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‘Don’t get brazen with me!’ Judge in Rittenhouse case unloads on prosecutor (VIDEO)

Facing multiple charges of first-degree homicide, 18-year-old Kyle Rittenhouse took the stand in his own trial on Wednesday, in a bid to convince jurors that he acted in self-defense when he shot and killed 36-year-old Joseph Rosenbaum and 26-year-old Anthony Huber, and wounded 27-year-old Gaige Grosskreutz during violent protests in Kenosha, Wisconsin, last year.

Cross-examining Rittenhouse, Kenosha County Assistant District Attorney Thomas Binger tried to make Rittenhouse admit that he “wished [he] had [his] AR-15 to protect someone’s property,” as Rittenhouse allegedly said in a video that was deemed inadmissible by Judge Schroeder.

Upon hearing Binger’s line of questioning, Schroeder paused the trial and directed the jury to leave the courtroom, before unloading on Binger.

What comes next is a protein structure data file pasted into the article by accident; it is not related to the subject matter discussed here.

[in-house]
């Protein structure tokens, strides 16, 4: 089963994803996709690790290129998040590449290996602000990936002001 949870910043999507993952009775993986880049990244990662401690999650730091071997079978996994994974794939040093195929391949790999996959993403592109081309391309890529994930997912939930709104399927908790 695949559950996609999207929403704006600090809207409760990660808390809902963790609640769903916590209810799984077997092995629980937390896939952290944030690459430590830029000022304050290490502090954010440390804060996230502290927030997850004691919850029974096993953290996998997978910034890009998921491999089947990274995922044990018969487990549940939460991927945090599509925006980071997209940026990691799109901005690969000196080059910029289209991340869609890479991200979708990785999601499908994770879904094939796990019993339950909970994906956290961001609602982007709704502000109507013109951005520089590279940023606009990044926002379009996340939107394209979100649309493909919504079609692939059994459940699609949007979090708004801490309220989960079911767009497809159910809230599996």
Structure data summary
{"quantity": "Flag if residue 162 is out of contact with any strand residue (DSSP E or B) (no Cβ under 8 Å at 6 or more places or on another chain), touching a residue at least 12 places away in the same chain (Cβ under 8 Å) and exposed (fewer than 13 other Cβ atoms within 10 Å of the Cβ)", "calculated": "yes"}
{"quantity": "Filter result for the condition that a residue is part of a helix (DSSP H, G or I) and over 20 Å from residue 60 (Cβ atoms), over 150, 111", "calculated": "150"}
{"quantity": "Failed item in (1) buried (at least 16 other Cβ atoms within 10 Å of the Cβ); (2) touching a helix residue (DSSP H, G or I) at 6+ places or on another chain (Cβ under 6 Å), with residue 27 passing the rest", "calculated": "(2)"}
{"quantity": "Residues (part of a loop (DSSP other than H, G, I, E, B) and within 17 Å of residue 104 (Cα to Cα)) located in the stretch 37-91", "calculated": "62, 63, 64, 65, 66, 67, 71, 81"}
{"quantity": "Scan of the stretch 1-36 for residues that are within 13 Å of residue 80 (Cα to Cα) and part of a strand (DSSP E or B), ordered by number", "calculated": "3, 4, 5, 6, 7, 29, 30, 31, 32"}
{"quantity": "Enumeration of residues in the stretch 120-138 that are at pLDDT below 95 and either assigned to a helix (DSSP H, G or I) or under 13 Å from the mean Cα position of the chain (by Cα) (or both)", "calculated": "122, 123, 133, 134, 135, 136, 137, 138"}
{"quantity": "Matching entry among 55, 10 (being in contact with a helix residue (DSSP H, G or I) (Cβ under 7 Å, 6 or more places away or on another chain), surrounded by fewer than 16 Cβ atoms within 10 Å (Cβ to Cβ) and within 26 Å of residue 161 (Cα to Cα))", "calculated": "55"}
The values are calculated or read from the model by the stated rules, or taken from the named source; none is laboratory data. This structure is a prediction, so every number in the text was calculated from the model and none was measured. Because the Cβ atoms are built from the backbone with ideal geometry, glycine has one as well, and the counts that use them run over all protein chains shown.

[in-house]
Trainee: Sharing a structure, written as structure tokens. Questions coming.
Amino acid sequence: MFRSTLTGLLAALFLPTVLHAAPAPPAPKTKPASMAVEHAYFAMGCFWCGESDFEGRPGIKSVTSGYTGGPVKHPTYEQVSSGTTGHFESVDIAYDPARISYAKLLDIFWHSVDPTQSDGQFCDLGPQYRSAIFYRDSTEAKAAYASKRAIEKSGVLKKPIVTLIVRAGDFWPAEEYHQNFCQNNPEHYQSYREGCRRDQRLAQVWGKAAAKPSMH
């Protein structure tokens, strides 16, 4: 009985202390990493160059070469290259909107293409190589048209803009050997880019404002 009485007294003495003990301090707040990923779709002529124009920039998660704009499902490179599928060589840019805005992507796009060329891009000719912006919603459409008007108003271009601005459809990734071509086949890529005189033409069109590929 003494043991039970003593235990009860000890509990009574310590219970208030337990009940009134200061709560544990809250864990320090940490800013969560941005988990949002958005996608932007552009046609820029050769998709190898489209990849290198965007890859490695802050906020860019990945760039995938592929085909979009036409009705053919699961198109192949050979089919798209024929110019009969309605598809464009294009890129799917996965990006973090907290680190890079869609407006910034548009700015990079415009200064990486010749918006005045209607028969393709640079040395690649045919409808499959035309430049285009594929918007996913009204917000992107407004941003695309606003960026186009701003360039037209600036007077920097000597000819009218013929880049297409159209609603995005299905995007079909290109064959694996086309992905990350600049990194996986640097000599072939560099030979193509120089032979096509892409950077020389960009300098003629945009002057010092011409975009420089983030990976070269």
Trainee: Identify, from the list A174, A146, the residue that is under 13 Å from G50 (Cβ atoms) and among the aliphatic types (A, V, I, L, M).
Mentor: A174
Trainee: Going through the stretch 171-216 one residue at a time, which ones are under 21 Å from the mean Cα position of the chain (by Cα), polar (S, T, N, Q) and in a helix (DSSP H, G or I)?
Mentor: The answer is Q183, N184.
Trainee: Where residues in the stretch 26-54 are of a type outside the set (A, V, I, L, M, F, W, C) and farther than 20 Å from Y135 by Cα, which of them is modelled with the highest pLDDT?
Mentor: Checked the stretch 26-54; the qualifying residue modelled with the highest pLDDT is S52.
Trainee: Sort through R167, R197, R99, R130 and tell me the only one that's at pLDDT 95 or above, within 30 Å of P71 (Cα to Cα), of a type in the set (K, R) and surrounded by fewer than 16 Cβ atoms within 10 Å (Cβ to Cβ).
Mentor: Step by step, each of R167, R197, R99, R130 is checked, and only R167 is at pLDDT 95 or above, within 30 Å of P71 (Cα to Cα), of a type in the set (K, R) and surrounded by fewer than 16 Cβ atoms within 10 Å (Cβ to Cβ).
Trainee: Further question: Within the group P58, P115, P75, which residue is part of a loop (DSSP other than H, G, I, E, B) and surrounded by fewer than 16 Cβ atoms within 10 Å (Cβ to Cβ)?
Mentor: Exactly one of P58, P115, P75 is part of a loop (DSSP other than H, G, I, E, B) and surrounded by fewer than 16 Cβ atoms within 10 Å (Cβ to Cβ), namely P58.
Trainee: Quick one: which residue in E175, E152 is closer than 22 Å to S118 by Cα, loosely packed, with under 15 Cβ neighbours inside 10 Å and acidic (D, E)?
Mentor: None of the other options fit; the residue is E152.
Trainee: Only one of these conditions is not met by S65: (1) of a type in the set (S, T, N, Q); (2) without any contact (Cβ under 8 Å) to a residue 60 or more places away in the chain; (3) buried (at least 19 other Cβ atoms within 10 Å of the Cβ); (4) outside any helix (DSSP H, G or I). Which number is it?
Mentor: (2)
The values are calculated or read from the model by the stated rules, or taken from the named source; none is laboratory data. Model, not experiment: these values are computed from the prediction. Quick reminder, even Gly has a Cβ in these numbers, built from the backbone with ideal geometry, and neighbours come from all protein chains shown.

“Don’t get brazen with me!” Schroeder yelled. “You know very well that an attorney can’t go into these types of areas when the judge has already ruled….so don’t give me that.”

The confrontation wasn’t the only tense moment between the pair. Binger opened his cross-examination by questioning why Rittenhouse waited until after a week and a half of testimony before taking the witness stand. 

“The problem is this is a grave constitutional violation for you to talk about the Defendant’s silence,” Schroeder told Binger. “You are right on the borderline, you may be over. It better stop.”

Schroeder brought up the apparent constitutional violation again when scolding Schroeder over the inadmissible evidence. “I was astonished when you began his examination by commenting on the defendant’s post arrest silence,” he thundered. “That’s basic law. It’s been basic law in this country for 40 years, 50 years. I have no idea why you would do something like that…I don’t know what you’re up to.”

Rittenhouse’s defense later announced that they would make a motion for a mistrial with prejudice, which would prevent Rittenhouse from being retried. Schroeder said he would take the motion “under advisement.”

Barring a mistrial, Rittenhouse’s fate lies in the hands of the jury. If convicted of first-degree homicide, he faces life in prison.

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